Dave Uejio is president of Young Government Leaders, a professional association for young public servants, and the lead for talent acquisition at the Consumer Financial Protection Bureau. Uejio began his public service career as a Presidential Management Fellow at the National Institutes of Health (NIH). He spoke with Tom Fox, who writes the Washington Post's Federal Coach blog and is the director of the Partnership for Public Service's Center for Government Leadership.
Why did you pursue a public service career?
Public service has been a theme in my family for a long time. My grandfather was in civil service in Hawaii and my parents are both educators. I got a little side-tracked and worked as an IT administrator in Santa Barbara, California. September 11 caused me to reevaluate my priorities. I was fortunate to receive a Presidential Management Fellowship at the National Institutes of Health's Office of Human Capital, and I've been in public service ever since.
What are the challenges to recruiting talented young people to government?
The opportunity is there to engage the younger generation in terms of their ability to have an impact on society and make a difference in the world. The lack of opportunities at the state and local government levels has really cut down on some of the avenues for young people. On top of that, the federal government hiring process is difficult to navigate. If we simplified the hiring process, that would be helpful. There also are things that we can do to tell a more compelling story about the work we are doing. That's definitely happening across government, but it's not necessarily happening consistently. I think the government is pretty well positioned to deliver an experience that meets the preferences of younger people.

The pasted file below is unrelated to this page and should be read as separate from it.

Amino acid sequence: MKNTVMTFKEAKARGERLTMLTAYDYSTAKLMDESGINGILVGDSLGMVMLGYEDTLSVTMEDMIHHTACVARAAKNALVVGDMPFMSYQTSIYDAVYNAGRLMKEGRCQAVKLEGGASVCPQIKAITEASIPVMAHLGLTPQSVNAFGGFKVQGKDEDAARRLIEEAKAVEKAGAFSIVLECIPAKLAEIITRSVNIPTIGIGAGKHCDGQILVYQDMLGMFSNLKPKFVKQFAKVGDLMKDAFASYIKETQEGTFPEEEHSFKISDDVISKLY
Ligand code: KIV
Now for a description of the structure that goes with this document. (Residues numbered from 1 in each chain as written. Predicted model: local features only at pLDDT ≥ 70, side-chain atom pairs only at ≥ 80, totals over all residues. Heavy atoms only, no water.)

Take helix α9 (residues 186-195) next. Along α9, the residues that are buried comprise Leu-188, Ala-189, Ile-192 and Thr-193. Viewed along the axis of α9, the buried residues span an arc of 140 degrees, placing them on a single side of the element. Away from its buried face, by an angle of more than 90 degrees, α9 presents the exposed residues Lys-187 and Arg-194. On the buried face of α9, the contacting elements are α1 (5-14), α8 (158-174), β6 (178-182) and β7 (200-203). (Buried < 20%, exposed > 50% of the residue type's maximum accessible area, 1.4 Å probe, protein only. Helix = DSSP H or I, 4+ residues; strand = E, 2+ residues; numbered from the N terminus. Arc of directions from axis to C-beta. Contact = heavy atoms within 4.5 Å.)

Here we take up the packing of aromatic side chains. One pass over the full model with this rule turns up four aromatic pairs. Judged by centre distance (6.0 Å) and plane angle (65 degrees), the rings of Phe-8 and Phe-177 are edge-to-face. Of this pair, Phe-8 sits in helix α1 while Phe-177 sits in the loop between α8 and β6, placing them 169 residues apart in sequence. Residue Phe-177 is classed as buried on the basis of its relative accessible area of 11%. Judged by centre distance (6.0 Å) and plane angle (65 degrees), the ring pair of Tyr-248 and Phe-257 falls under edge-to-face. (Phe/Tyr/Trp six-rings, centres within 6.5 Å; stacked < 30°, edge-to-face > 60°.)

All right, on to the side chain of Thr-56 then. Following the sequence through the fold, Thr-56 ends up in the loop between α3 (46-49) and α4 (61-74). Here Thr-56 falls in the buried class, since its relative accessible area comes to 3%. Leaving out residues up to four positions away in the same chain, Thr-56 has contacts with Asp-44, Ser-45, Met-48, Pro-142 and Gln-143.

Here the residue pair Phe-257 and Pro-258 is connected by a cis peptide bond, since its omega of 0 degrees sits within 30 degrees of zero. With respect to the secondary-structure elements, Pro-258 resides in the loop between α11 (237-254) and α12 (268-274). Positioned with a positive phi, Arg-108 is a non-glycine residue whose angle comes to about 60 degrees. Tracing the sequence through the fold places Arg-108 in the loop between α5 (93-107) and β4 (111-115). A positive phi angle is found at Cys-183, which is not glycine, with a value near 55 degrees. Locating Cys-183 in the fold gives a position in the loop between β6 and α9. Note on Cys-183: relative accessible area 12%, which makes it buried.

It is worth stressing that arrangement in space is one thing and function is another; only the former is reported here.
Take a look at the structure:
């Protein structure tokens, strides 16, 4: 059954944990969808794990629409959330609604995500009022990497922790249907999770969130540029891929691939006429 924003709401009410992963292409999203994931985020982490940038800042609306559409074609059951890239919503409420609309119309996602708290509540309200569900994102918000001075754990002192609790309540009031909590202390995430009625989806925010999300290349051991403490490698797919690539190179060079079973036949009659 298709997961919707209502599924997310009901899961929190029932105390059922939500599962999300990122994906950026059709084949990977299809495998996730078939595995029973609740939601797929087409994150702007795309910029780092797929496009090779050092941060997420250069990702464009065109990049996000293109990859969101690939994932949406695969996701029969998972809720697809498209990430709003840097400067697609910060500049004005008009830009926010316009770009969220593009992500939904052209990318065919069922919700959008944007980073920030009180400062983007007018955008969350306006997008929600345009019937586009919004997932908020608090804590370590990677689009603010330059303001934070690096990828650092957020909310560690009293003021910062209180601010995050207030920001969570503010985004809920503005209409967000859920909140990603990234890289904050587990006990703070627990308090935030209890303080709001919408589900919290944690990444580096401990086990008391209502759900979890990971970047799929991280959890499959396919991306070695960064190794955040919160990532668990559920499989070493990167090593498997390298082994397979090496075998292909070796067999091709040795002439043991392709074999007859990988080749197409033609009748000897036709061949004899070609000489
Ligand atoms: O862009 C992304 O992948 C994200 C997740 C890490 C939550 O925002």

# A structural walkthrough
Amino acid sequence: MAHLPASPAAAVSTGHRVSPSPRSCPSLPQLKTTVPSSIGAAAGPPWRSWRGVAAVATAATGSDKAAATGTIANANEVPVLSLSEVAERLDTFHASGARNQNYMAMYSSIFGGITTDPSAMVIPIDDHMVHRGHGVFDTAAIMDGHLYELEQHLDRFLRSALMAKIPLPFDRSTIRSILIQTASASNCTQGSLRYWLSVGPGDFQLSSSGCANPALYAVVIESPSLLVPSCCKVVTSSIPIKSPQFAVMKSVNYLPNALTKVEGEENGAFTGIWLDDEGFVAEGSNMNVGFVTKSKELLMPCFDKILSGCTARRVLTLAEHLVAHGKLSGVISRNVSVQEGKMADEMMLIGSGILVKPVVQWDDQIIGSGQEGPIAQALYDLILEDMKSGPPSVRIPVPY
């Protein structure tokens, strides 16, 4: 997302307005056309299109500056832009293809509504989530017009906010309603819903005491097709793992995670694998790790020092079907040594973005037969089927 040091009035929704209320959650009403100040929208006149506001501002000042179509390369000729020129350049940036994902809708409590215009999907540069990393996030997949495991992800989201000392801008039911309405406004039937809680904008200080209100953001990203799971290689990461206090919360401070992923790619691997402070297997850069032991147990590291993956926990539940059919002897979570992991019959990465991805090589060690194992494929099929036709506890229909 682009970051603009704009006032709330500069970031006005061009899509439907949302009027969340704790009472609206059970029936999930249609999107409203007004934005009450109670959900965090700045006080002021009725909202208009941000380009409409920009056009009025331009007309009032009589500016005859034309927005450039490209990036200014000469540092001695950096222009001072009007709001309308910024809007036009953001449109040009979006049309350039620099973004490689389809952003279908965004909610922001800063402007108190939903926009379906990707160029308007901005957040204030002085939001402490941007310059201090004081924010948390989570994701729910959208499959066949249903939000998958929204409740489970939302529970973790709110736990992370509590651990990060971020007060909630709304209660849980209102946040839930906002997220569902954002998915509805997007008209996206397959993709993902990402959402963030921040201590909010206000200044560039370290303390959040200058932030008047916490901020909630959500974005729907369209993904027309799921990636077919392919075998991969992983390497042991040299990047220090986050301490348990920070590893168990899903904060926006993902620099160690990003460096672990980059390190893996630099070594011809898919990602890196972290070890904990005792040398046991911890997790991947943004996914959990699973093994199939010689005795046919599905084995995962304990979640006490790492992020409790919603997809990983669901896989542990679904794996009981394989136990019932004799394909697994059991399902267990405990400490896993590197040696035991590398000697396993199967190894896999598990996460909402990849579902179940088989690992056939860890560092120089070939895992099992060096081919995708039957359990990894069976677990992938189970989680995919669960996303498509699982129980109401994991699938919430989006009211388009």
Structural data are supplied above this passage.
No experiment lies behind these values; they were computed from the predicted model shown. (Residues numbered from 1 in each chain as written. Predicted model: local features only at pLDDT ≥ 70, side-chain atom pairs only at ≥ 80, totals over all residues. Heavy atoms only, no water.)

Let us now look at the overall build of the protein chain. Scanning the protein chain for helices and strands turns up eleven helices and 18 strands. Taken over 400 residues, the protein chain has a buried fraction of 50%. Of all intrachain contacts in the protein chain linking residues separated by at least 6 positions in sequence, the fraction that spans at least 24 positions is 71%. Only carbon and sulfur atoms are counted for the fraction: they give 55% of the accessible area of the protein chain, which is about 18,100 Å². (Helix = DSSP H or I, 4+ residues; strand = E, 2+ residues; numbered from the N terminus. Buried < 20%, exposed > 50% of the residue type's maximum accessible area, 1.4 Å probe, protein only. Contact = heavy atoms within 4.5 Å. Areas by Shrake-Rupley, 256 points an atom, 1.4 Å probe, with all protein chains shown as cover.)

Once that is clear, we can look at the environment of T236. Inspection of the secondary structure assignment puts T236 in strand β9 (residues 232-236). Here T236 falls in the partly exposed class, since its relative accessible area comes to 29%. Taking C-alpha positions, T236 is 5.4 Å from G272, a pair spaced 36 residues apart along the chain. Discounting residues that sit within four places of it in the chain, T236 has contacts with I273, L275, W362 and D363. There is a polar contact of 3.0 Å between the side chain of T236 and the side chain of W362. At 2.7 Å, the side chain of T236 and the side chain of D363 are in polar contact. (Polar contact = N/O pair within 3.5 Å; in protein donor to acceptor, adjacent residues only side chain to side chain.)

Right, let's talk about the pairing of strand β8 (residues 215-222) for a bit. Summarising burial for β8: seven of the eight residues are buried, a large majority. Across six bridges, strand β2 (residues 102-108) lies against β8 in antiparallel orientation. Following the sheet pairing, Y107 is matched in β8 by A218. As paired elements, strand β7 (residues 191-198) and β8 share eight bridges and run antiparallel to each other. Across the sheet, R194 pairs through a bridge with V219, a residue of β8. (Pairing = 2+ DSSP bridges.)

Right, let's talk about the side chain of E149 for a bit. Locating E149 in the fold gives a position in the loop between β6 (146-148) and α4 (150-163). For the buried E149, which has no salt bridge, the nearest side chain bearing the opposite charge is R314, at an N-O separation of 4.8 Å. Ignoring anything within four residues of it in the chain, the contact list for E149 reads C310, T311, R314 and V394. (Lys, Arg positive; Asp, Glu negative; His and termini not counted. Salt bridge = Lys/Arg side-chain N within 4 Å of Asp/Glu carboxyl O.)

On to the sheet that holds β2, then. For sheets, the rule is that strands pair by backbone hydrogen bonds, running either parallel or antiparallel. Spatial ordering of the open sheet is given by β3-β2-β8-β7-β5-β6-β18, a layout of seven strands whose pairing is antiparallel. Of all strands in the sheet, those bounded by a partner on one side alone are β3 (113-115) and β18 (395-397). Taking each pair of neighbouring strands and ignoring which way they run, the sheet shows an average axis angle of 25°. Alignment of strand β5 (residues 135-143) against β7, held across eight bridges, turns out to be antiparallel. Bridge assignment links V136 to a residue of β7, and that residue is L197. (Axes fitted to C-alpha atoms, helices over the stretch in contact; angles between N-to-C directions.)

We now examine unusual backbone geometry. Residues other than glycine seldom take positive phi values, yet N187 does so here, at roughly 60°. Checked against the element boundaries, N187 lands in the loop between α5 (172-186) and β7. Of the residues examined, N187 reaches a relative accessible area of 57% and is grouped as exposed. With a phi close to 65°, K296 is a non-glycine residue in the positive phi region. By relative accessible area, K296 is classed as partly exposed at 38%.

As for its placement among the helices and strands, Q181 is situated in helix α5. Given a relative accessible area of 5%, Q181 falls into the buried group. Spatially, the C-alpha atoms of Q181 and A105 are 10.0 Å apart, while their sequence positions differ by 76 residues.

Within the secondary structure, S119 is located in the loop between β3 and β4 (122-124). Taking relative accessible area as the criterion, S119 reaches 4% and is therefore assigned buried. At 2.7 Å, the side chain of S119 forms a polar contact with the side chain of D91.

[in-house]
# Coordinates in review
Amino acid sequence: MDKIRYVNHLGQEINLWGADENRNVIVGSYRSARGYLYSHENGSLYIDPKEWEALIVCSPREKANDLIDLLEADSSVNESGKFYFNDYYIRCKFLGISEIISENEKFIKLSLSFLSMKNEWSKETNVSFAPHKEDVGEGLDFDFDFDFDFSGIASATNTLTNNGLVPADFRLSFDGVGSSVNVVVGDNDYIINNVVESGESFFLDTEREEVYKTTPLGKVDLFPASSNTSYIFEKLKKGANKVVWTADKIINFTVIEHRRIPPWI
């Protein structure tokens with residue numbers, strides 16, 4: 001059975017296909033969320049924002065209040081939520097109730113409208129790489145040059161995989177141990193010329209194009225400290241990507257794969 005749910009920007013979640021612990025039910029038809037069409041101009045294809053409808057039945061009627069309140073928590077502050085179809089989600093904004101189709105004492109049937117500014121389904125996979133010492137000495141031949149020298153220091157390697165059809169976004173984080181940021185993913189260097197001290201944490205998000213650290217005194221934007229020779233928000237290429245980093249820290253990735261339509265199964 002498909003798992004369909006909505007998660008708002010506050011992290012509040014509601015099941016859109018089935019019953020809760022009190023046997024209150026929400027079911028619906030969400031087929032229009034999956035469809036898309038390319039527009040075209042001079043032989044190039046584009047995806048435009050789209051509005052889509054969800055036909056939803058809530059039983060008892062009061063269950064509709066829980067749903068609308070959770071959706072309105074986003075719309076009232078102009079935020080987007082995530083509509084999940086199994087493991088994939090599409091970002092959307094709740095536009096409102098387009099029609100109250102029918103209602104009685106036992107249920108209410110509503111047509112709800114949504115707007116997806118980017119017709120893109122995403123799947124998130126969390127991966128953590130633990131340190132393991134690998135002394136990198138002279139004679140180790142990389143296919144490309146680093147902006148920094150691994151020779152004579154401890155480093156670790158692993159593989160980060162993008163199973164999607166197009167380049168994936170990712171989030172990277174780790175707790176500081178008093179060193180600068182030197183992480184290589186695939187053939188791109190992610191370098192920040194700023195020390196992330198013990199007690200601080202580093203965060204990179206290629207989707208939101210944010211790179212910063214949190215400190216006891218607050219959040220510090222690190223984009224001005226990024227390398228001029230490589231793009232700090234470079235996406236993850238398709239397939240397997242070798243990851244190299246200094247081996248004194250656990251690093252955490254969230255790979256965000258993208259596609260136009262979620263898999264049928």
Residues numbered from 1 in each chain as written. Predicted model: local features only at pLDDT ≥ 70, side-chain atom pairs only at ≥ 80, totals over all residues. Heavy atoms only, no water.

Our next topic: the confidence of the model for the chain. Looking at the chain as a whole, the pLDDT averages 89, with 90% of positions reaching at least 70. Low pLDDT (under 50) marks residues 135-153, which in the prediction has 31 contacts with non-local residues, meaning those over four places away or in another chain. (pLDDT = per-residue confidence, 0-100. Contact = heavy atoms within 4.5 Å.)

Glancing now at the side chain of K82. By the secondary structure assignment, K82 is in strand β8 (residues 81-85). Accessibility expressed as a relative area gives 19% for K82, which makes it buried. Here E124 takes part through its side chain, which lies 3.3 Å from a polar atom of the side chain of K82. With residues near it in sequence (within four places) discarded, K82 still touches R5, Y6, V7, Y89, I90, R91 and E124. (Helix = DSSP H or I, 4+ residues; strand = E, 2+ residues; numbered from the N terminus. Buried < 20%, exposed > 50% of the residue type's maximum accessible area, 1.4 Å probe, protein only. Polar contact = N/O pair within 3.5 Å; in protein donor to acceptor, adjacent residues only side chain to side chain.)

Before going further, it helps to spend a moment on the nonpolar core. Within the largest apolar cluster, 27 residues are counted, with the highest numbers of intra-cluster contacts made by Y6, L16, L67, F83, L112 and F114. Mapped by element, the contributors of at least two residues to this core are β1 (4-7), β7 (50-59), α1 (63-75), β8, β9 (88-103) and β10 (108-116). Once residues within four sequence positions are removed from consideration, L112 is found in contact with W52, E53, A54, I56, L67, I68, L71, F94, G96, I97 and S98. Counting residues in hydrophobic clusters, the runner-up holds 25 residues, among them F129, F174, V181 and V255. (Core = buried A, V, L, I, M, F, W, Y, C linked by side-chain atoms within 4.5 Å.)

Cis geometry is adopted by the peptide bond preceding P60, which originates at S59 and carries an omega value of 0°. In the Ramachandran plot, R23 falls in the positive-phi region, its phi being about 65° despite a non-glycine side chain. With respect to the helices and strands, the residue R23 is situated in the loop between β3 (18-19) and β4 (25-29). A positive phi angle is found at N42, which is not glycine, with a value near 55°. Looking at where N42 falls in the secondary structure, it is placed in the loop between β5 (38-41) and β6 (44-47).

What can federal leaders do to engage young employees?
I don't think engaging young federal employees is distinct from engaging other federal employees. The methodology should almost be the same. Managers ought to observe the work styles of young people and see how they can leverage their talent. If you're trying to get the most out of your employees, you want them to be in a place where they're using their skills with the most impact. You should set clear and well-defined priorities, and there should be clearly communicated expectations with performance feedback. I think all employees want those things.
What advice has helped you to become a better leader?
My former boss at NIH, Christine Major, said it's all about the relationship. We're in the public sector to do great, big things; and it seems to me that great, big things can't be done without lots of people pulling in the same direction. The time you invest in relationships on the front end always pays itself back. My current deputy director, Raj Date, says that time is your only wasted asset. Following his lead, I try to do work that's hard, that matters.
What advice would you give to emerging federal leaders?
You have to be the steward of your career. It's no one else's job to do that. There's a certain amount of personal ownership that has to be asserted. You should have a framework for your priorities, because there's a tremendous amount of opportunity in the public sector. It's important that people continue to learn from their experiences. Finally, I think adaptability is the number one skill that is needed to be successful in government. Rather than obsessing about setbacks that are beyond your control, you need to learn how to pick yourself up, dust yourself off and move on in order to salvage whatever you were working on.
What is you general view about leadership?
I feel like leadership is kind of a process. One of the best ways to learn is by observing other leaders. Leading is like running. Everyone thinks they can do it, but there's actually a tremendous amount of technique involved. A lot of people undersell the nuances of leading and say, "Just go lead." Don't just assume you can do it; observe, study and improve.
This post was originally featured on The Washington Post's website.